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Microsoft to address DirectShow, ActiveX zero-day flaws

The software giant said it would issue six updates including three critical, repairing two flaws being actively targeted in the wild.

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Microsoft plans to issue six updates next week, including several critical patches that address two zero-day flaws that are being actively targeted by attackers.

In its advance notification issued today, the software giant said it planned to release updates July 14, addressing a zero-day vulnerability in its DirectShow video streaming software identified in May as well as a new Video Controller ActiveX control being actively targeted in ongoing attacks.

Three critical updates affect errors in Windows and three important updates address vulnerabilities affecting Microsoft Publisher, the Internet Security and Acceleration (ISA) Server and Virtual PC and Virtual Server.

According to Microsoft security program manager Jerry Bryant, engineering teams have been working around the clock to produce and test an update to address the Microsoft Video ActiveX Control zero-day, acknowledged in a security advisory issued on Monday. The ActiveX Control msvidctl.dll is remotely exploitable with little user interaction when browsing with Internet Explorer. The control connects to Microsoft DirectShow filters and is used by Windows Media Center to build filter graphs for recording and playing television video.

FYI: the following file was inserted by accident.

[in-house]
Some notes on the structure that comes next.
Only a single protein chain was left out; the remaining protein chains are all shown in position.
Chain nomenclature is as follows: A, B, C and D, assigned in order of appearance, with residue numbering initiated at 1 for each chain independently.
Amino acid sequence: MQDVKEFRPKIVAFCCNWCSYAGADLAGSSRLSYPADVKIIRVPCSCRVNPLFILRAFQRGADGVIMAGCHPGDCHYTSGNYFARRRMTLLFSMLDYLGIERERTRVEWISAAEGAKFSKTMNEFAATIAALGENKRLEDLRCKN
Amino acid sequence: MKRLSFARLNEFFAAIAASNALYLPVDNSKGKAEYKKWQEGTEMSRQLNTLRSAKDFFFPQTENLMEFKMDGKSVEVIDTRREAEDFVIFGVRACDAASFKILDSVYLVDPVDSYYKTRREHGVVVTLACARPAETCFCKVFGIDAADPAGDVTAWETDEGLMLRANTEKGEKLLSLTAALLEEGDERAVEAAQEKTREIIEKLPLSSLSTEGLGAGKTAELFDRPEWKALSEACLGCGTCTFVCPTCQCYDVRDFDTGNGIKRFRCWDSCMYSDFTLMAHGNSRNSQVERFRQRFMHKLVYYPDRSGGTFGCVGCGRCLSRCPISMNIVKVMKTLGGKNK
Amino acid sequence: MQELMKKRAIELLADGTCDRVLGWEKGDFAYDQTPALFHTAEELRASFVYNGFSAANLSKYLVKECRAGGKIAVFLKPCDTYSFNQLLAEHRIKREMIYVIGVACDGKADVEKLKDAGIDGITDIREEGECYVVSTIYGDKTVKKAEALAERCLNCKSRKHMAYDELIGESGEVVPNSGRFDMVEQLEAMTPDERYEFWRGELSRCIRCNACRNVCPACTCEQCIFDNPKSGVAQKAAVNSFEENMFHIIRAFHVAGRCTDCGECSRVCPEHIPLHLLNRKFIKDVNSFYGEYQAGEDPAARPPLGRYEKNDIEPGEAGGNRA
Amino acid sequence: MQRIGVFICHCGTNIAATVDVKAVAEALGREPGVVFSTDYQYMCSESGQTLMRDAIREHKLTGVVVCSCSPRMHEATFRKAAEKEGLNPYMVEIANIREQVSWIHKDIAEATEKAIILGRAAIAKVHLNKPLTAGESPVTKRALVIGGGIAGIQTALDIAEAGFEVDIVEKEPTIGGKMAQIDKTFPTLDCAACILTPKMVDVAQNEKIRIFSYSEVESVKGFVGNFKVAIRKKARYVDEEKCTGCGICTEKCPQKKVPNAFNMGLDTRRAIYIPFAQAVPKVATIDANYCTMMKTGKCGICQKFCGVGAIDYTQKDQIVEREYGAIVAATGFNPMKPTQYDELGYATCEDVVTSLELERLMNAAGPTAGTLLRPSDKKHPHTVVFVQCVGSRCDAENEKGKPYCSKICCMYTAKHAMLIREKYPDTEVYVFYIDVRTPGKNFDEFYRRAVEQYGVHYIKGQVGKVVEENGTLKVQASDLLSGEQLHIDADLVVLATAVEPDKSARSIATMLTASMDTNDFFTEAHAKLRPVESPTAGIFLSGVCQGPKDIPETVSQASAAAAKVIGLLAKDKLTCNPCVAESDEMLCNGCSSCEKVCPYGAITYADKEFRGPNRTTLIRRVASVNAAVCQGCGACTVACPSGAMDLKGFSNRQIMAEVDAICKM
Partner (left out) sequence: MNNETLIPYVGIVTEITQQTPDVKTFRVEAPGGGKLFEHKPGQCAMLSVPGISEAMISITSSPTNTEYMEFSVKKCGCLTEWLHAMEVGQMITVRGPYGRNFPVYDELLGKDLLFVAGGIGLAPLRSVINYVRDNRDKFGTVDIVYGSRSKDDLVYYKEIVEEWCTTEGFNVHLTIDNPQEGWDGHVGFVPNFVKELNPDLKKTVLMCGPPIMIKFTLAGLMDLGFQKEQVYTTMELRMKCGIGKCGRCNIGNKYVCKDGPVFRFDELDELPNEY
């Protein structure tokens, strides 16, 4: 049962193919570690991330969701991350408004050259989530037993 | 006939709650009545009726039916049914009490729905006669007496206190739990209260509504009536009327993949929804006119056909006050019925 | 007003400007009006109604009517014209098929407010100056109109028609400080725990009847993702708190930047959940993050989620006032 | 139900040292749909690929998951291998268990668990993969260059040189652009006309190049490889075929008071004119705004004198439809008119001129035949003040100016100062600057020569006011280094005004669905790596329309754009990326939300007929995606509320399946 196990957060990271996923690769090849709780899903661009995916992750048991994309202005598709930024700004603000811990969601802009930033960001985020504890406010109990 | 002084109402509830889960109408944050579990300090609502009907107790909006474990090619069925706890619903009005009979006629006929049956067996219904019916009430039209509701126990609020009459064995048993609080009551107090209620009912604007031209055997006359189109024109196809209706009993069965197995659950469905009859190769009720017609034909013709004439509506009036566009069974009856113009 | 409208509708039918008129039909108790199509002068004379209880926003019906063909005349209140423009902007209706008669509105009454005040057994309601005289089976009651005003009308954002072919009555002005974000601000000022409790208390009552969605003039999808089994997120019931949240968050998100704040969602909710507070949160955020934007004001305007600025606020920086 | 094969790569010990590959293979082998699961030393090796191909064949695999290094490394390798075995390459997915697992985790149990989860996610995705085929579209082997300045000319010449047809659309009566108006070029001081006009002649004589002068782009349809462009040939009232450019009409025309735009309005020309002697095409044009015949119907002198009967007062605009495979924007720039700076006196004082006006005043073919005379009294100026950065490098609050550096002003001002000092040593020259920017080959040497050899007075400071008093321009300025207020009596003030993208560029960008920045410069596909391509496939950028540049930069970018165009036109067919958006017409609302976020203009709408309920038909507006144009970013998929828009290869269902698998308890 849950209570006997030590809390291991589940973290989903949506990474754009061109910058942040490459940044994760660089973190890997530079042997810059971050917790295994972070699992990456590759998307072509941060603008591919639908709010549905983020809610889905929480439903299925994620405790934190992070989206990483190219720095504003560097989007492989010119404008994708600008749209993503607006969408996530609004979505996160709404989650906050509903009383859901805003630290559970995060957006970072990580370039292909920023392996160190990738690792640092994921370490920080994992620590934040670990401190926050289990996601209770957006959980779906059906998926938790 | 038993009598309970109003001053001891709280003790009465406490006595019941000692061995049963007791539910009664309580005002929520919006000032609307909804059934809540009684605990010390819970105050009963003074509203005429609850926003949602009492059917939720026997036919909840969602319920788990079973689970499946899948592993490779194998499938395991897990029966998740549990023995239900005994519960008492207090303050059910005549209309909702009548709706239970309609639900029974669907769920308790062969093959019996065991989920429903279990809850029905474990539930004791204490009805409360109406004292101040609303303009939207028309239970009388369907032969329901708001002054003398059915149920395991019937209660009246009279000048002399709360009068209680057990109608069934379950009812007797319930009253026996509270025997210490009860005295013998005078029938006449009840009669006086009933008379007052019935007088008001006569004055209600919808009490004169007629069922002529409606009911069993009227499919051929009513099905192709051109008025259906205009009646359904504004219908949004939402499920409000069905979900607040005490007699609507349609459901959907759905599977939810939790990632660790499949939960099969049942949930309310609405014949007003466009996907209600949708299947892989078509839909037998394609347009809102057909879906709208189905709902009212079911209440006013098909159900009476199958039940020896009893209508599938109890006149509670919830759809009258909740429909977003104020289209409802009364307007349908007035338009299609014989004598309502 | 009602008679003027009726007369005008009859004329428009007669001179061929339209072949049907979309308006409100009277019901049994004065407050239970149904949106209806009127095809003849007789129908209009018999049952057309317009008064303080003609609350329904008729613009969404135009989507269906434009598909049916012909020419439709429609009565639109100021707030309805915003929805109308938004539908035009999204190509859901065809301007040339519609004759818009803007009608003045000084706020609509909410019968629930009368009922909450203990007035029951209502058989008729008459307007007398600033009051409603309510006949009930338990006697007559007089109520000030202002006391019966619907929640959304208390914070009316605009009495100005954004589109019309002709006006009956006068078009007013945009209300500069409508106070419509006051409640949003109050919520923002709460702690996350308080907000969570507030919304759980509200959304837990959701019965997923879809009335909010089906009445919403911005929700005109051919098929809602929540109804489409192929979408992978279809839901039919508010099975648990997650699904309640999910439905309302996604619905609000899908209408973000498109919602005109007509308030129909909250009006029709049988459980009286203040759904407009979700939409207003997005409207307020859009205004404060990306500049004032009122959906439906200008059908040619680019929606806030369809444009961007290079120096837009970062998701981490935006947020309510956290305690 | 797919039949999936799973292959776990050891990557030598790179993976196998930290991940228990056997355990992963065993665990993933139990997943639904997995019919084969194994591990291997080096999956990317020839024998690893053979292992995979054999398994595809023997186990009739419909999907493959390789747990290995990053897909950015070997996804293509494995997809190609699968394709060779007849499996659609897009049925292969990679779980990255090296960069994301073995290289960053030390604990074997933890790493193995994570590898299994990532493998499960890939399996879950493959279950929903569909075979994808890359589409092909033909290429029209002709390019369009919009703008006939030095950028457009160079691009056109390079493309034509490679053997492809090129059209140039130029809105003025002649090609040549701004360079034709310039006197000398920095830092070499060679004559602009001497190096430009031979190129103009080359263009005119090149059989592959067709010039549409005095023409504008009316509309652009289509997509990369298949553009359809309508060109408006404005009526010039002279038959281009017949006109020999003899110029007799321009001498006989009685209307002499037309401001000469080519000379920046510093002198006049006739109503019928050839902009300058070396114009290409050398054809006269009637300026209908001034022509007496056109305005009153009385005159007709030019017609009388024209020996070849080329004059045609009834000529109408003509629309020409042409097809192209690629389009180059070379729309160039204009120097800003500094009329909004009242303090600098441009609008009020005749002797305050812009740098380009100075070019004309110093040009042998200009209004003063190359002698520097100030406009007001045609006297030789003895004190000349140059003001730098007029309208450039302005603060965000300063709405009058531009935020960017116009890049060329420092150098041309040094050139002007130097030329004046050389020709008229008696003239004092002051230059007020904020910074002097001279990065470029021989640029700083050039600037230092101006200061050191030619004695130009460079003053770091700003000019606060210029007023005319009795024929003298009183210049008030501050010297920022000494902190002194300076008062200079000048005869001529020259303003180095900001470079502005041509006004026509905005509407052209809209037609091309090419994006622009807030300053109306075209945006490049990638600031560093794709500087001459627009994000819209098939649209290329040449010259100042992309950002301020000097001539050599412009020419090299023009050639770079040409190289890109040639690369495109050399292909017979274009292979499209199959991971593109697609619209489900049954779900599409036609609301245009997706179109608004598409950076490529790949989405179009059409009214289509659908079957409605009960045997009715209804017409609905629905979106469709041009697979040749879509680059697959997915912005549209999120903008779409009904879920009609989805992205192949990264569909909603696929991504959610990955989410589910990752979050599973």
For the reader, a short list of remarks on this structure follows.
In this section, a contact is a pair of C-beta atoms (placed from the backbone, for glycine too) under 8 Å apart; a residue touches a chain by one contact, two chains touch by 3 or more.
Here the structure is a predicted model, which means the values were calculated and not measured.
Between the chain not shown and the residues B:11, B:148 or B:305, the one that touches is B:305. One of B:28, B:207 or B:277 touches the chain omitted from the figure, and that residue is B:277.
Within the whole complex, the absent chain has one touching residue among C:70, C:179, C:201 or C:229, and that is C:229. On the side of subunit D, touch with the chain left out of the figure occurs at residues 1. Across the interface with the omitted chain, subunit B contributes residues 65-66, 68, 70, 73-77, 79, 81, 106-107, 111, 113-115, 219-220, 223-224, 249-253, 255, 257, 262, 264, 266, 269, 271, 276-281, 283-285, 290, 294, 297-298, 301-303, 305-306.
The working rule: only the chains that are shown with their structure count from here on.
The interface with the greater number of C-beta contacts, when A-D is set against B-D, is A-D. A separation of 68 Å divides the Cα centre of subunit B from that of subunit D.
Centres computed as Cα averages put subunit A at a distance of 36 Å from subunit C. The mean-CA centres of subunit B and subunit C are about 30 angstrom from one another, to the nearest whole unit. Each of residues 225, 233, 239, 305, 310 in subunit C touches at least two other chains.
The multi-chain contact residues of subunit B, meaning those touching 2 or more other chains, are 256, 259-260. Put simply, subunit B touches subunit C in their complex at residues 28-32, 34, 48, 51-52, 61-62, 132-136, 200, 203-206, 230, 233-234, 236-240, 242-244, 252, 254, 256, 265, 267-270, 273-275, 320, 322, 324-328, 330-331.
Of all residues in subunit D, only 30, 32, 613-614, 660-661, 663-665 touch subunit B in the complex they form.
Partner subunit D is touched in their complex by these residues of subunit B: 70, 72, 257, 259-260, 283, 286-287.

Many IPS and antivirus vendors have issued signatures to protect against the attacks. Harry Sverdlove, chief technology officer of application whitelisting vendor Bit9, Inc., said there was a period of time when there was no detection or antivirus protection from this attack. Microsoft is also encouraging users to implement workarounds. 

"While it is still somewhat early, we have not detected any significant spike in occurrences of this particular attack," Sverdlove said. "At least in the United States and Europe, the attack appears to be limited so far."

Also being addressed is a DirectShow flaw being actively targeted in May. The flaw in the DirectShow media-streaming architecture for Windows is in the QuickTime parser in DirectShow. It could allow an attacker to execute code remotely.

The flaws, which Microsoft said are being actively exploited in limited attacks, affect Windows XP, Windows 2000, and Windows Server 2003. For both vulnerabilities, Windows Vista and Windows Server 2008 are not affected.

Microsoft also acknowledged that one of the three critical updates for Windows will require a restart. Both the ISA Server and Virtual PC/Virtual Server updates also require restarts.

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